- Difficulty with communication and interaction with other people
- Restricted interests and repetitive behaviors
- Symptoms that hurt the person’s ability to function properly in school, work, and other areas of life
The fifth version of the Diagnostic and Statistical Manual (DSM-5) was published in 2013. The manual reflects the state of knowledge of mental and emotional disorders. Changes in the newest edition include combining the previously distinct Pervasive Developmental Disorders (Autistic Disorder, Asperger’s Disorder, and Pervasive Developmental Disorder – Not Otherwise Specified) into one new disorder:
Autism Spectrum Disorder.
However, due to changes in criteria, not all people diagnosed with a Pervasive Developmental Disorder in the previous edition of the DSM will receive a diagnosis of Autism Spectrum Disorder in the new criteria. In addition to the changes in criteria, a 3-level severity scale has been added to the manual. Those who no longer meet the diagnostic criteria may qualify for Social Communication Disorder.
|Diagnostic Criteria (2 Domain)|| • Impaired Social Communication and Interaction|
• Restrictive Repetitive Behavior, interest or activities
|Three Required Symptoms:|| • Deficits in social interaction|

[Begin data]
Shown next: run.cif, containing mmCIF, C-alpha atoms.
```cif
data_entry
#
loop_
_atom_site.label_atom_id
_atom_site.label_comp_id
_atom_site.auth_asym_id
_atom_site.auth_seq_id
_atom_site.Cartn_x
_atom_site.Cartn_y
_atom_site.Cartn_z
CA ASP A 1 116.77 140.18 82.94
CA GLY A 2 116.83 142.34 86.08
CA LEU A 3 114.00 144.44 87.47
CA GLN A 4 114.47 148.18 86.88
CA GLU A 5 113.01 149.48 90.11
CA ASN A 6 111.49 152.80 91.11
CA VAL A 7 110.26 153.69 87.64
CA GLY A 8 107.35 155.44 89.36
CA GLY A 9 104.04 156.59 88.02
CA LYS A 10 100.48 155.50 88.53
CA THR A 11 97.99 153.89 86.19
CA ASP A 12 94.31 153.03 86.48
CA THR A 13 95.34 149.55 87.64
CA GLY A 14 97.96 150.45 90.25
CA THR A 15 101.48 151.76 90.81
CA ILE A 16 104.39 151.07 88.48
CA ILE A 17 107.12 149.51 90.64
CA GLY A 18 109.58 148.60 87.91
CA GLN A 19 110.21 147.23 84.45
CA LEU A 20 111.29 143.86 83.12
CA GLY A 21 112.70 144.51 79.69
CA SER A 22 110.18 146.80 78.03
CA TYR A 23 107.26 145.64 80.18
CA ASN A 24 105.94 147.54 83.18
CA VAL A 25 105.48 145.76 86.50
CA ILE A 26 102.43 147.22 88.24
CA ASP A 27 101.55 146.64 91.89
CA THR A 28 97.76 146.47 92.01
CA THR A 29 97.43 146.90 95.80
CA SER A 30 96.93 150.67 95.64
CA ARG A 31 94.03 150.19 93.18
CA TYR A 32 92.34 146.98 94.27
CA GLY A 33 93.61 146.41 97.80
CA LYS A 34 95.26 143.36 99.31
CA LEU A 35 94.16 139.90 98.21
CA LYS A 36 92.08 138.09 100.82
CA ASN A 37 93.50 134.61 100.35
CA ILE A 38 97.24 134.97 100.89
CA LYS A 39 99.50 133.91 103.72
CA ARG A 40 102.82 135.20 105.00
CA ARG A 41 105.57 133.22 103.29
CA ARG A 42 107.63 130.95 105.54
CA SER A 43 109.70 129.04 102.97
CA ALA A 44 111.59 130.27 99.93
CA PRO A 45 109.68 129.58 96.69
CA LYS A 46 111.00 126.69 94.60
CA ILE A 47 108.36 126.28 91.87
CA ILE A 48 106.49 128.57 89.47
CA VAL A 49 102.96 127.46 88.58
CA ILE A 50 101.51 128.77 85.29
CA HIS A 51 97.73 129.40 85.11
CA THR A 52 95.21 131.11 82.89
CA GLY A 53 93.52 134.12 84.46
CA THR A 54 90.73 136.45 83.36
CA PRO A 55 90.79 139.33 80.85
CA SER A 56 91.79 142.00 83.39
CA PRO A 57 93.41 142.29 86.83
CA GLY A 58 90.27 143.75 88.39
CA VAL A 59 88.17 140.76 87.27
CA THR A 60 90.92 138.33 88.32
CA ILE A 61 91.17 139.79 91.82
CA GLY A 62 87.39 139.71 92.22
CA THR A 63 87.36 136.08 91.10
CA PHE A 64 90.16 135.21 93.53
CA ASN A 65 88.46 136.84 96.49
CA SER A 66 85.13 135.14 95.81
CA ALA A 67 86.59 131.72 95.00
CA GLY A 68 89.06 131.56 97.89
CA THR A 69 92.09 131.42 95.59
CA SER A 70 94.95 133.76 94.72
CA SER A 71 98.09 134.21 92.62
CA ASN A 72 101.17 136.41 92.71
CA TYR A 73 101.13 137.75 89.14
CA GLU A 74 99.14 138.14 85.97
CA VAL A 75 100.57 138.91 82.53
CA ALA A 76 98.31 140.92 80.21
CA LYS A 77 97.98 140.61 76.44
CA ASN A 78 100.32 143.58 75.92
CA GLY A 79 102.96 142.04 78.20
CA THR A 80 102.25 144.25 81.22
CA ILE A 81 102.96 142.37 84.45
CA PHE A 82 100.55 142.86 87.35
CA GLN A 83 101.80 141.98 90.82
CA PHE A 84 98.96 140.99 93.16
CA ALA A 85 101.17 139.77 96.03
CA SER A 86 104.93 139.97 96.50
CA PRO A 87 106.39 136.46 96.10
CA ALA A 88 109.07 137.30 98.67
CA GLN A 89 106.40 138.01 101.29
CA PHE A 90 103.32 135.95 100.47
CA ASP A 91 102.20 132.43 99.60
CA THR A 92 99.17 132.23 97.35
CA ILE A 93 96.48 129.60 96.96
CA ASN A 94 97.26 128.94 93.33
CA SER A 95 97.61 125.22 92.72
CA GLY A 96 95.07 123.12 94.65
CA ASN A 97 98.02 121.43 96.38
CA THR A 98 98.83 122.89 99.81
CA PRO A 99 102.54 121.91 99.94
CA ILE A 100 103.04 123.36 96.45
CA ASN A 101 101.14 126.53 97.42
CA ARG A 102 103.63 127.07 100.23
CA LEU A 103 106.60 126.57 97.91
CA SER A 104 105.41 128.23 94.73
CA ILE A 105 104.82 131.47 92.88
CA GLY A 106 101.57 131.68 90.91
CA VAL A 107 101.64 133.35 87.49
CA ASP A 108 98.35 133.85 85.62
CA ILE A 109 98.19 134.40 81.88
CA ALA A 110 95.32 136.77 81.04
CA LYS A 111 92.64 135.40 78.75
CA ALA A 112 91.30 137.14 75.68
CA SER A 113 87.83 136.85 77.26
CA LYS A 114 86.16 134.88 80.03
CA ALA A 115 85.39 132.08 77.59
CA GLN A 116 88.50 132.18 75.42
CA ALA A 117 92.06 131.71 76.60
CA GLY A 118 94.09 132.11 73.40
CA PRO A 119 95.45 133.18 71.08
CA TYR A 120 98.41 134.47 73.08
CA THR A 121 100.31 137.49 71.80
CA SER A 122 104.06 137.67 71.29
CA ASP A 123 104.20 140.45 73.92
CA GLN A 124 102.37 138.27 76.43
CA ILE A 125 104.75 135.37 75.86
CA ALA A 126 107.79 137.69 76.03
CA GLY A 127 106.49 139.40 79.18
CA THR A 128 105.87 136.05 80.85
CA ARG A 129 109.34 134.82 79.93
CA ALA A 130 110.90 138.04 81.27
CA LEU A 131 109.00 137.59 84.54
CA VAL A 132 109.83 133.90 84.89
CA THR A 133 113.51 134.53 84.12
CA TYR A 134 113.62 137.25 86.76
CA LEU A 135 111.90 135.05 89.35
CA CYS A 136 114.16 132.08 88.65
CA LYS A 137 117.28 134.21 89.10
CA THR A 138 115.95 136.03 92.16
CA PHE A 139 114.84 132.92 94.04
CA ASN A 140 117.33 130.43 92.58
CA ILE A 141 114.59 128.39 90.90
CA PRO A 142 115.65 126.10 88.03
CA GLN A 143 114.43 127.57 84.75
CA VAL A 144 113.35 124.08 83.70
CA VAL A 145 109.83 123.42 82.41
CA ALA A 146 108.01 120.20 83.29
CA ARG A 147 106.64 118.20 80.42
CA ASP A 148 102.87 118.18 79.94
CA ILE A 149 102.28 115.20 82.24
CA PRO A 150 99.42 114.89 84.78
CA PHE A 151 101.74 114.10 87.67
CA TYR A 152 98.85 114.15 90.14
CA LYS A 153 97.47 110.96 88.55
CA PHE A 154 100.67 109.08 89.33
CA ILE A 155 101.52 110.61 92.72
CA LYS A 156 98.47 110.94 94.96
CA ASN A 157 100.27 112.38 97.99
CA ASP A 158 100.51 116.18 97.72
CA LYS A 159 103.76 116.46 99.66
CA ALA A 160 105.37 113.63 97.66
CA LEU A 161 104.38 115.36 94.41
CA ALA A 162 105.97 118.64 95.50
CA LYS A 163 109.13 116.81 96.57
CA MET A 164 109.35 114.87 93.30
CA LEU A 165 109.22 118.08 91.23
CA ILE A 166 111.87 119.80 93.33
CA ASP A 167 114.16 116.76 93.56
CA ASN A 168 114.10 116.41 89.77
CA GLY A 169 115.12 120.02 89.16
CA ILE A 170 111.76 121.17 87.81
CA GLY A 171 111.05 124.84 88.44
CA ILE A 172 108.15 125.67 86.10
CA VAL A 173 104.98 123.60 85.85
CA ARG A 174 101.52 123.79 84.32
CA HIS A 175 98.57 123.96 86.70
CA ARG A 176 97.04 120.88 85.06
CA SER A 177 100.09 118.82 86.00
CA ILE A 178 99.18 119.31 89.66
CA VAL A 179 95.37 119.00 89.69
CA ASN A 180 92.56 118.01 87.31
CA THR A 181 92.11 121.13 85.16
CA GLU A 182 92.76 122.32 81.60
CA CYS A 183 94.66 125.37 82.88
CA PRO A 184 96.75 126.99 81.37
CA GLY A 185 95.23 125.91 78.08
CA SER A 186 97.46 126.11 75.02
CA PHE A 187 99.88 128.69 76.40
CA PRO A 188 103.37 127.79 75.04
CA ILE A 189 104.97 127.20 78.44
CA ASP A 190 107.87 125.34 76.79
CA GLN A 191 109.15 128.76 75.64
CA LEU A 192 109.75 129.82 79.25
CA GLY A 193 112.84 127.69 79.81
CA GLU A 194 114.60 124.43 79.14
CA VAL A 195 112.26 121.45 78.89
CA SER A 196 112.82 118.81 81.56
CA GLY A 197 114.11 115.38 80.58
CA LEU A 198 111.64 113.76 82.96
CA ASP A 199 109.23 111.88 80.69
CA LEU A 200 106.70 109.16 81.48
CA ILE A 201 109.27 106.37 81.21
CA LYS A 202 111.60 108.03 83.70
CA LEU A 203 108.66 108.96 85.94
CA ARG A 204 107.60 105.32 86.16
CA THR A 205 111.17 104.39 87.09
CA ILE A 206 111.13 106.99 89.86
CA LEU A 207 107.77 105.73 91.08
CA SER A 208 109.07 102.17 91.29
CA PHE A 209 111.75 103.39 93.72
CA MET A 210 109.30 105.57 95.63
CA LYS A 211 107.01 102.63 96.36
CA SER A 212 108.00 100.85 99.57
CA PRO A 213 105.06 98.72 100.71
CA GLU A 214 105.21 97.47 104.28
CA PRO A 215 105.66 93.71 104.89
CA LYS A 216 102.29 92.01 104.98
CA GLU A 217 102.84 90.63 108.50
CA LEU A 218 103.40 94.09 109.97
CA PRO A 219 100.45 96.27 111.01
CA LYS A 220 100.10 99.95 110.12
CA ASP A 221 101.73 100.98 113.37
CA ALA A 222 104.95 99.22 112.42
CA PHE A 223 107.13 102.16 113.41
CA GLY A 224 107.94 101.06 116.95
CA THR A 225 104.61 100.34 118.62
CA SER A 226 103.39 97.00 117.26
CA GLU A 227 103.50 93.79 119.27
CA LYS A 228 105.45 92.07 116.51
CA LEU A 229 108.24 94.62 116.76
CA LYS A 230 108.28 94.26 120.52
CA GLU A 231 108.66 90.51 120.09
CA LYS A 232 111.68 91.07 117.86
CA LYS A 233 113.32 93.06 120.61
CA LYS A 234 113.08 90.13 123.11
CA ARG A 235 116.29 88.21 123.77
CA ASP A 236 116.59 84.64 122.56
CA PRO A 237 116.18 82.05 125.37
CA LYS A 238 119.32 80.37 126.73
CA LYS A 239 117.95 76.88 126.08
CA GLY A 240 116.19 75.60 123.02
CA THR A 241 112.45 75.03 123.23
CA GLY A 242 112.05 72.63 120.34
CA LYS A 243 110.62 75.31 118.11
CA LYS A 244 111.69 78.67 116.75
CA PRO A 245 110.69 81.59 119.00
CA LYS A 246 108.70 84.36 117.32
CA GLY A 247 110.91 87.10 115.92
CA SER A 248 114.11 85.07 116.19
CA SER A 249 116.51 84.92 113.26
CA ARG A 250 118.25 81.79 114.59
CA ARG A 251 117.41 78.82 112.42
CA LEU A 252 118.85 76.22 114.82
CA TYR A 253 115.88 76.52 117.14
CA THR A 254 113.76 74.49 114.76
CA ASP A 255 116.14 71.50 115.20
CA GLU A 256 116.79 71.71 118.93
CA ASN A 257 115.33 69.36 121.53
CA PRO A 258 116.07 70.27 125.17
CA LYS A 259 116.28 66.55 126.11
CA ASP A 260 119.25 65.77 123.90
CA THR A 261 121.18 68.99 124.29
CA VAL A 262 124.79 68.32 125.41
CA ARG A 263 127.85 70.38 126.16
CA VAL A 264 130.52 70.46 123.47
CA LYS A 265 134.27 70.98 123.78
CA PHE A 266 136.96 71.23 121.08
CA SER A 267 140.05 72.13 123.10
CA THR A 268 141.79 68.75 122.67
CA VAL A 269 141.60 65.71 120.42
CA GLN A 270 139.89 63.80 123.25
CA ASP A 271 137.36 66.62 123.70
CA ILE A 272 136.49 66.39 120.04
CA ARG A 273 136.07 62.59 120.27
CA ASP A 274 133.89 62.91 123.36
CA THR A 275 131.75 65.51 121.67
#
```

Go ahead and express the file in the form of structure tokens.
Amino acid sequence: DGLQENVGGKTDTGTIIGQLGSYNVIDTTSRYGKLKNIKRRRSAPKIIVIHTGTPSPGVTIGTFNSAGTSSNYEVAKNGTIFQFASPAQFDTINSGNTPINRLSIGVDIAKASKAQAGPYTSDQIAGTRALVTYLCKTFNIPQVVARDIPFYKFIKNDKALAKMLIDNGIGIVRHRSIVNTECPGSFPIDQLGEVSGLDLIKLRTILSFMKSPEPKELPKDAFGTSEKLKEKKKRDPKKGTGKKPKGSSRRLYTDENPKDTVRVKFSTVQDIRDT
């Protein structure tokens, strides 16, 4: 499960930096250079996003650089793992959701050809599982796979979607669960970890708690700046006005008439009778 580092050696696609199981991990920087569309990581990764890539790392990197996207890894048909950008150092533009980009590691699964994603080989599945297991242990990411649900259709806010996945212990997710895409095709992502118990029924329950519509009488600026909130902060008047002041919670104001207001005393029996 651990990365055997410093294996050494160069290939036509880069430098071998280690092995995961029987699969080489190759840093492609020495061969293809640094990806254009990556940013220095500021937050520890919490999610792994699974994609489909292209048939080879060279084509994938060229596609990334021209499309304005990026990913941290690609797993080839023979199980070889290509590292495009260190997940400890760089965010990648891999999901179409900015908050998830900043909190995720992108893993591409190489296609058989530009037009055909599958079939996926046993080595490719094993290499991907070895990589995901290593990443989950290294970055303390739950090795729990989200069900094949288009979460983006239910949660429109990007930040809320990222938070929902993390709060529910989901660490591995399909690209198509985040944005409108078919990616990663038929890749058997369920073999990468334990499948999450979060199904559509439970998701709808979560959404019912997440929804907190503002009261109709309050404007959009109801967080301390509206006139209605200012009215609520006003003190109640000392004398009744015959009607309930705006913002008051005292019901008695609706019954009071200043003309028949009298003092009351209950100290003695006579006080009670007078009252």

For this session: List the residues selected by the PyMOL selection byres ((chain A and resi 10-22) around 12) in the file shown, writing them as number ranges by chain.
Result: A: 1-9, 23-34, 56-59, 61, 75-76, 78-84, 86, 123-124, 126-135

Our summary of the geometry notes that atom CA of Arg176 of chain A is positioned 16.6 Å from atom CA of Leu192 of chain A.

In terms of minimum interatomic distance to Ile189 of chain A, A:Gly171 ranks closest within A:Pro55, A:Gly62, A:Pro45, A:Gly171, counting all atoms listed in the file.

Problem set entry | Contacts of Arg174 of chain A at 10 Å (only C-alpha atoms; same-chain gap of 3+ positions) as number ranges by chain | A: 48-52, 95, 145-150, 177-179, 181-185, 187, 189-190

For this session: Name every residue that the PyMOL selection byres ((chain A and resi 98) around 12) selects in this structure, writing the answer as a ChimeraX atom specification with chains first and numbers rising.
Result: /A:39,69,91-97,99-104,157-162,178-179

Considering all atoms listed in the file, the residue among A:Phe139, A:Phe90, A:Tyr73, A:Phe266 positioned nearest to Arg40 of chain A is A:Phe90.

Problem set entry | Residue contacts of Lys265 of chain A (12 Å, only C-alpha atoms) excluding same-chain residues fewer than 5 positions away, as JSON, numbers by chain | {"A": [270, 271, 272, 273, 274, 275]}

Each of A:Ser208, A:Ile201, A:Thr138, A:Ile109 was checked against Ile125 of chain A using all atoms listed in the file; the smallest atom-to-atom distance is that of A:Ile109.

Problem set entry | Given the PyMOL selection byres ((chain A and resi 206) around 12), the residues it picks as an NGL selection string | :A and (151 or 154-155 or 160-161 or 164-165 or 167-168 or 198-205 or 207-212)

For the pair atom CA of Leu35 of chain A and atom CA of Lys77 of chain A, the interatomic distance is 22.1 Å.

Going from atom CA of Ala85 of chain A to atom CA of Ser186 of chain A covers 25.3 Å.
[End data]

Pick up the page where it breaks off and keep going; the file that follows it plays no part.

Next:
• Deficits in social communication
• Deficits in play or friendship
|Restricted, repetitive behavior, interests, or activities:(Must have a symptom in 2 of the 4 areas)|| • Repetitive motor movements, use of objects, or speech.|
• Rigidity related to routines or rituals.
• Restricted interest abnormal in intensity or focus.
• Over or under sensitivity or interest in sensory stimuli (pain, temperature, light, sound, etc.)
|Severity Indication:|| • Level 1 (“Requiring support”)|
• Level 2 (“Requiring substantial support”)
• Level 3 (“Requiring very substantial support”)
|Implications:|| • Well established diagnosis ⇨ ASD diagnosis|
• No longer meet criteria ⇨ Social Communication Disorder
Fact: Individuals on the autism spectrum are often keen to make friends but may find this difficult.
Fact: Given appropriate education, many will grow up to be successful contributors to society.